If he believed that a state did “meaningfully distinguish” Citizens United, would Justice Thomas feel obligated to follow his vote to strike down Montana’s law? Nope. For instance, in Peugh v. United States, 133 S. Ct. 2072 (2013), Justice Thomas dissented from the majority’s application of the ex post facto test articulated in Calif. Dep’t of Corr. v. Morales, 514 U.S. 499 (1995), and he concluded that his own majority opinion in Morales should be overturned as “unworkable.” He explained in a footnote: “As the author of Morales, failure to apply the original meaning [of the ex post facto clause] was an error to which I succumbed.” Id. at 2093 n.*. If Justice Thomas decides that one of his votes or opinions was wrong, he will not hesitate to abandon it.
Second, would Justice Thomas allow an important right to turn on fine points of textualism? Absolutely. In his concurrence in Zelman v. Simmons-Harris, 536 U.S. 639, 678 (2002), Justice Thomas began by observing that the “Establishment Clause of the First Amendment states that ‘Congress shall make no law respecting an establishment of religion.’ On its face, this provision places no limit on the States with regard to religion.” From there, he concluded that, based on the structure and history of the 14th Amendment, “in the context of the Establishment Clause, it may well be that state action should be evaluated on different terms than similar action by the Federal Government.” It does not offend Justice Thomas’ jurisprudence, therefore, for a textual analysis to result in the First Amendment providing differing protections against federal and state action.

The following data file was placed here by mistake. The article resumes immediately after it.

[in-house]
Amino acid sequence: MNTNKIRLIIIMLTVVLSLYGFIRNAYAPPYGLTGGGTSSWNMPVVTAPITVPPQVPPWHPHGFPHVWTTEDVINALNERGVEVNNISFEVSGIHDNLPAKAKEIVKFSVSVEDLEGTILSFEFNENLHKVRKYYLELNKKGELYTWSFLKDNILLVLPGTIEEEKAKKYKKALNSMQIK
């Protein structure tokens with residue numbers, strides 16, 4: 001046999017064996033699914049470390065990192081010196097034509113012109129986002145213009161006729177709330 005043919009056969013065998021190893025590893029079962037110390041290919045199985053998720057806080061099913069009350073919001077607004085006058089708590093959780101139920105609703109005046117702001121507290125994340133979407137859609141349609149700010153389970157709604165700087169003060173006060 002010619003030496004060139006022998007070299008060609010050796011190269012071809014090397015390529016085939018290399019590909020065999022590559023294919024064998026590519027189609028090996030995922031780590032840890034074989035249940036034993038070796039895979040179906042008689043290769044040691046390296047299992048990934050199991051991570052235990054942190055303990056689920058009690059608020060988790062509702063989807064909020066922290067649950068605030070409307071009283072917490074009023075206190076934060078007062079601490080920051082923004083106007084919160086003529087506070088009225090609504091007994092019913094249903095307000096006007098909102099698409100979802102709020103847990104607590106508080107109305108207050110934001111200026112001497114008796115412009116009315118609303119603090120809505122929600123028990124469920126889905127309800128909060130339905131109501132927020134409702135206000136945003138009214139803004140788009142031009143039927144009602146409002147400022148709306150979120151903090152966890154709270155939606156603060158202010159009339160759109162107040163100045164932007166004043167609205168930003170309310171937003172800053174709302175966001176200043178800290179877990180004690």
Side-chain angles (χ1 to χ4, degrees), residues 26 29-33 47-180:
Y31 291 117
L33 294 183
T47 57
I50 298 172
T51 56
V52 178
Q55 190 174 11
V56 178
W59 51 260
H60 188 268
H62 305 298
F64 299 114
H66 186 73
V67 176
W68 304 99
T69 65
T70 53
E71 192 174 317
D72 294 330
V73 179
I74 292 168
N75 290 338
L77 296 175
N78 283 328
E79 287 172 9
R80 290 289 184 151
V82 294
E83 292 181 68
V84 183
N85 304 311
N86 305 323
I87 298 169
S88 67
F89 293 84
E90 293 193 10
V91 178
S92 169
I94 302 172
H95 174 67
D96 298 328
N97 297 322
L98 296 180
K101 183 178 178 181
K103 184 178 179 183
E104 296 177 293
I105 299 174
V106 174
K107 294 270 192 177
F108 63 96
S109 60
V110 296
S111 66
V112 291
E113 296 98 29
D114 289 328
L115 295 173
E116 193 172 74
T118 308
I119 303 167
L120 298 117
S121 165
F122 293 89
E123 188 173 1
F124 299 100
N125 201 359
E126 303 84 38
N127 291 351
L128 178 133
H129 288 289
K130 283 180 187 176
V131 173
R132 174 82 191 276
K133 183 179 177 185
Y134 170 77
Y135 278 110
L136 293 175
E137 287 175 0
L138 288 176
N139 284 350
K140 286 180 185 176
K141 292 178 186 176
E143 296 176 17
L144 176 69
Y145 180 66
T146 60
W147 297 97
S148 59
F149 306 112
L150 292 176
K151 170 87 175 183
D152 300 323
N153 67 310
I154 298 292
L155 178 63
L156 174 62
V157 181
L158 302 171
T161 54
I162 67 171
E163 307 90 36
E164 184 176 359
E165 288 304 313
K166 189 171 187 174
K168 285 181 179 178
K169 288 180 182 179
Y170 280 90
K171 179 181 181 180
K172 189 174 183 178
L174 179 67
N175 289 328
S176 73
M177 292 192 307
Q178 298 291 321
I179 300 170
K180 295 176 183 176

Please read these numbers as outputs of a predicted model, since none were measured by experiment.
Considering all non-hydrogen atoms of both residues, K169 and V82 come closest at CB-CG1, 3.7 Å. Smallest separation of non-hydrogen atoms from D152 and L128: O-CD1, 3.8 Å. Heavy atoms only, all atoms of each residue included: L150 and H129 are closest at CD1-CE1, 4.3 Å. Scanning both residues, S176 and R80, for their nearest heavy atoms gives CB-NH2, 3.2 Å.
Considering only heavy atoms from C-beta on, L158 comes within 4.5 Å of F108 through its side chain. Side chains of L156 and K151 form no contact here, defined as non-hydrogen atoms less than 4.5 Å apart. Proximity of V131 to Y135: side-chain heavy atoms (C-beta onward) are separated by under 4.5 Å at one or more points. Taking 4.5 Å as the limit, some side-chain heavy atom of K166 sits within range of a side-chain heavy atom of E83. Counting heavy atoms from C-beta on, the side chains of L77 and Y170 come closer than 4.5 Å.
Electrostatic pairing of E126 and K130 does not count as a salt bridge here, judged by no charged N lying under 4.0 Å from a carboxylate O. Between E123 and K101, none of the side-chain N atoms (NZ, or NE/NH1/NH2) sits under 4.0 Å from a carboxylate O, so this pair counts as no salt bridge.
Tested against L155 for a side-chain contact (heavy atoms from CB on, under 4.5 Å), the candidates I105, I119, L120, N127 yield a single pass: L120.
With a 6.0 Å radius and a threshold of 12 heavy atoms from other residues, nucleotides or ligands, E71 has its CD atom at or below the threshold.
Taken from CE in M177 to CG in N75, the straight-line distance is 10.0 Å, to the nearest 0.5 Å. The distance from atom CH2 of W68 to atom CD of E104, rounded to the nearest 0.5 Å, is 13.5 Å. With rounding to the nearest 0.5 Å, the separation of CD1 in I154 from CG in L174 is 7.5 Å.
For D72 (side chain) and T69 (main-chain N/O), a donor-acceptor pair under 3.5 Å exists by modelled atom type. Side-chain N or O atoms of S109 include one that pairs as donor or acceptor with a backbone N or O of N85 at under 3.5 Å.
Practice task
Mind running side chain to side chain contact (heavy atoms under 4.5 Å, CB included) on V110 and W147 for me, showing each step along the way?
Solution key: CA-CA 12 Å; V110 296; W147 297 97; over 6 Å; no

Third, I can expect a cynical response that Justice Thomas, being the most full-throated opponent of campaign finance laws, couldn’t bring himself to soften the reach of Citizens United. If you doubt that Justice Thomas will allow his iconoclastic constitutional beliefs to lead him to unexpected places, you and I must agree to disagree.
Returning to the rhetorical question in this post’s title: What if Justice Thomas, at some point in the past term, recognized what his McDonald concurrence means for state law? It’s highly plausible that Justice Thomas, in reviewing the briefs and bench memoranda in Hobby Lobby or Iowa Right to Life, spotted the issue. Maybe Justice Thomas – or one or more fellow conservatives on the Court – doesn’t want to reach questions of corporate personhood right now.
My theory doesn’t fully explain Hobby Lobby, which involved a federal mandate, not a state mandate. But, if Justice Thomas is questioning the scope of corporate constitutional rights, it wouldn’t be surprising if other conservatives wanted to leave the question alone for now.
Of course, my theory is speculative. But so is the “Roberts long game” theory or any other explanation for the Court’s recent avoidance of questions of corporate constitutional rights. Justice Thomas has the most well-defined jurisprudence of any current justice, and a careful review of his McDonald concurrence provides grounds for an educated guess regarding a mystery from this past term.